If you spend long enough looking around the house, you'll soon realize just how many great opportunities there are for find new modelling materials and Matchstick Fences are no exception!
The matchsticks modeled here are specifically N scale however the technique is easily applied to HO scale and larger.
If you have patience and time to spend delicately putting together this fantastic and rustic looking fence, keep reading and I'll show you how I did it.
Start by gathering up some matchsticks, there are actually many types of matchsticks and if you have a choice try to buy the thinnest type. Additionally, if you check out the local craft or art supply store there is a good chance they will have a bag of matchsticks that you can purchase and the advantage is they will more than likely have the flammable heads removed. Otherwise if the common household matchsticks are all you can get your hands on just be sure to remove the flammable head.You don't want your fence to BURN DOWN... not to mention the rest of the layout!
I start by deciding on the height of the fence and cut enough main posts at the desired length. In this example that ended up being about 1cm for an N scale fence.For the cross beams I cut those to be a little over 1cm, approximately 1.2cm.There is a problem though, for N scale the thickness of one matchstick is much to thick. To fix this problem you'll need to split the matchstick into four equal parts cutting along its length.
Above you can see one cross beam has been split into four equal parts. They will not be 100% perfect when cut but this may also add to the effect of the fence being a natural wood fence that's been handmade.Something you'd most likely see on a farm or ranch from the 1960's.
With all the post and cross beams cut I prepare them to be assembled. Here you can easily see the posts are much shorter than the cross beams. For any pieces that are odd shaped you can use the hobby knife to carefully trim and fix them to confor to the desired shape.
Now for the tricky part, gluing it all together!I tried a couple of ways to glue them but the easiest way was to lay it flat and use a needle with a very small dab of glue to apply to the ends of each rail.You might need some tweezers to help hold it flat because you'll find the glue on the needle will try to pull the small splinter of matchstick with it as you lift the needle away.Additionally you may consider laying and gluing the fence down over a piece of baking paper to help prevent the glue from sticking to places you don't intend.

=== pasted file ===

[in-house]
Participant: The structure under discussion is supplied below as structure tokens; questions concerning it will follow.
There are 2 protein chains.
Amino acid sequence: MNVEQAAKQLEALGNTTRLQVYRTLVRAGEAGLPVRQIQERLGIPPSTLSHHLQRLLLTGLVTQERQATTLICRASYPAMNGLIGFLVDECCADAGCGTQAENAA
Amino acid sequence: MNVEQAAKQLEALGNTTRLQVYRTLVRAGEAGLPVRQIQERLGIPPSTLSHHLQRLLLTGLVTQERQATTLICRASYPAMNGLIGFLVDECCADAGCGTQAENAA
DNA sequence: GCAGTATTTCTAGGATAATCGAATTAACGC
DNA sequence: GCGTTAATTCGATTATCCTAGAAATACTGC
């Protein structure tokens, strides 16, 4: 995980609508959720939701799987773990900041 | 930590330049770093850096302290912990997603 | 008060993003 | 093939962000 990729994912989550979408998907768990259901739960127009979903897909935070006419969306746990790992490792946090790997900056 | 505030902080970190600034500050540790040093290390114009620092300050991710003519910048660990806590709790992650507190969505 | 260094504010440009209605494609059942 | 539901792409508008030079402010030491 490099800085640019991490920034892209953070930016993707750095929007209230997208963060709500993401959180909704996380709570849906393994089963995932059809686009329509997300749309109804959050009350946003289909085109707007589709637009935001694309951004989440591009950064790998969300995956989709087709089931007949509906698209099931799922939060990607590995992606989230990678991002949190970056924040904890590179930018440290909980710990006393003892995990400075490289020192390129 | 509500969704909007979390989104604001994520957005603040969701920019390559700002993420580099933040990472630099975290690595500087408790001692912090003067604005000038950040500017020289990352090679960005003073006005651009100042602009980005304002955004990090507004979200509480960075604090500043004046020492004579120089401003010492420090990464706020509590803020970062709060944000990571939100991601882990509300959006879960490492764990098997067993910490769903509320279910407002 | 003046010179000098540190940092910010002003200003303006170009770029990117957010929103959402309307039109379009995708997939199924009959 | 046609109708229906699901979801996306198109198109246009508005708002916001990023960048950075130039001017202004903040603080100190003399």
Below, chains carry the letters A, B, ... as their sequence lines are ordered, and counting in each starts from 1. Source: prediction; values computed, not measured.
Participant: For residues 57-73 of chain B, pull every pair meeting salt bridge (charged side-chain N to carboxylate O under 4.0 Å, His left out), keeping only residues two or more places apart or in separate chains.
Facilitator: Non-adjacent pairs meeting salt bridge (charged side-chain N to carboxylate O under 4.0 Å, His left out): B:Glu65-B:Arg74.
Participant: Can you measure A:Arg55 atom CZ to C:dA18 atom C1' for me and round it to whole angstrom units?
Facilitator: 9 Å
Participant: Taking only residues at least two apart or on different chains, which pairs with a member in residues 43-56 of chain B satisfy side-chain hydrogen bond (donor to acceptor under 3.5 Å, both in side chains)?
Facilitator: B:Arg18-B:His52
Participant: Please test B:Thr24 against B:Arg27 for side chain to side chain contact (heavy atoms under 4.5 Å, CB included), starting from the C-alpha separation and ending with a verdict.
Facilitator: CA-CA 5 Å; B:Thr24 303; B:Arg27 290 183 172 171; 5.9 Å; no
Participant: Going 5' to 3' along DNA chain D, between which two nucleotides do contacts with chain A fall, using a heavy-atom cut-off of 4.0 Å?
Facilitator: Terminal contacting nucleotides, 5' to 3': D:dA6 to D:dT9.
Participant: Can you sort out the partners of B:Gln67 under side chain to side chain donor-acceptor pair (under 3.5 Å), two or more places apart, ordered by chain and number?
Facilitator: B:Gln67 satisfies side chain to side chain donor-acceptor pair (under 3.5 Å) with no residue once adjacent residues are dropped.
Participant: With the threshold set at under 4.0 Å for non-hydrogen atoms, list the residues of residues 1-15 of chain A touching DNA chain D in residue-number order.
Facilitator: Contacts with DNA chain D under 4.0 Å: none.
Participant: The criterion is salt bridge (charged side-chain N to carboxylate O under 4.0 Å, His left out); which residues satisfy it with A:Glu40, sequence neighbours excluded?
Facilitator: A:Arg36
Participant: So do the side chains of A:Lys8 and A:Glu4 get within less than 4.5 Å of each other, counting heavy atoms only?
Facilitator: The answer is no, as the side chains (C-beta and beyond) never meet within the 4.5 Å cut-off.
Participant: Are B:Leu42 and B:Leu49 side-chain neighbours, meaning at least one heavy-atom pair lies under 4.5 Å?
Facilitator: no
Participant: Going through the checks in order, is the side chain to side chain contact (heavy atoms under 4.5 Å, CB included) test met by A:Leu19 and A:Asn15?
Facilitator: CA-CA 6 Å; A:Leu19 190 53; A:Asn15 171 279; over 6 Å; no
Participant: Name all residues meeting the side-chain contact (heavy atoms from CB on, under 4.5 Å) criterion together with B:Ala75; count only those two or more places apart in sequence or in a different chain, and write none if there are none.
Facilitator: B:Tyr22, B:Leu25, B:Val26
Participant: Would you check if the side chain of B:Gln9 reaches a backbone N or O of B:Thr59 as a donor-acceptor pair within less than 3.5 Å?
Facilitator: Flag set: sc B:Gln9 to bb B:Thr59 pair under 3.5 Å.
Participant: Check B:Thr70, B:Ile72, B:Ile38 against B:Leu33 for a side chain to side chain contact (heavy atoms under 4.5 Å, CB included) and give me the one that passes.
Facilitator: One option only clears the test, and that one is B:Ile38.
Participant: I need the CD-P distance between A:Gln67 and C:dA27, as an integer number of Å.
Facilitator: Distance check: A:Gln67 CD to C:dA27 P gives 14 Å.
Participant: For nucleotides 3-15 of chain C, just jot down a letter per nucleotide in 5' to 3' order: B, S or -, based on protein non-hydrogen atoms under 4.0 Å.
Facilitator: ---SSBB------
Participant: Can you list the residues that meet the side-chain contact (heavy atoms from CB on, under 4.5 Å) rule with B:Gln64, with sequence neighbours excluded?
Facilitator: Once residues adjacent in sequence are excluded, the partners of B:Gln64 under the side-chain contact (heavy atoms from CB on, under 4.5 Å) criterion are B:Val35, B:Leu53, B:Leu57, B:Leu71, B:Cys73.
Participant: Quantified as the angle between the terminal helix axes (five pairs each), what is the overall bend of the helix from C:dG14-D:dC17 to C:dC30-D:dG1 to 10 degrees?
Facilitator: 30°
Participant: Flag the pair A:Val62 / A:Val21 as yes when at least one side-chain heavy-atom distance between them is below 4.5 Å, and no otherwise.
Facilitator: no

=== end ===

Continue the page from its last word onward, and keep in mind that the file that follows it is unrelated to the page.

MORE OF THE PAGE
The first piece is often the hardest, once you get a couple of sections glued together the main structure becomes more rigid and less likely to move whilst you glue on additional sections.A good set of pliers will greatly help in putting the fence together, and a good fast drying glue will also make construction go faster.Glues that take a while to set will be more hassle than they are worth. Super glue can work but I recommend using a fast setting craft glue as they are more flexible unlike super glue which is quite brittle.Having a flexible glue will make installing the fence into the scenery and terrain much easier.
To give it a bit more depth and age I dry brushed some lighter brown to bring out some highlights in the wood grain of the matchstick, a little hard to see in the photo but when viewed from your own eyes it makes quite a difference.Just try to be gentle as the fence can be quite fragile.
To fix it to the layout I applied a small dab of white craft glue to the bottom of each post.
The great thing about using white glue to fix the rails and posts together is the glue remains a little flexible. So when you go to place it on the layout, if there is a curve you want it to go around, just bend it to the shape your after. To a limit obviously! And it also works well with hills.
And that's the end result.I think in terms of scale it looks pretty good, and there's no limit on how big or complex you want your fence.I hope you enjoyed it and find something useful.Thanks for reading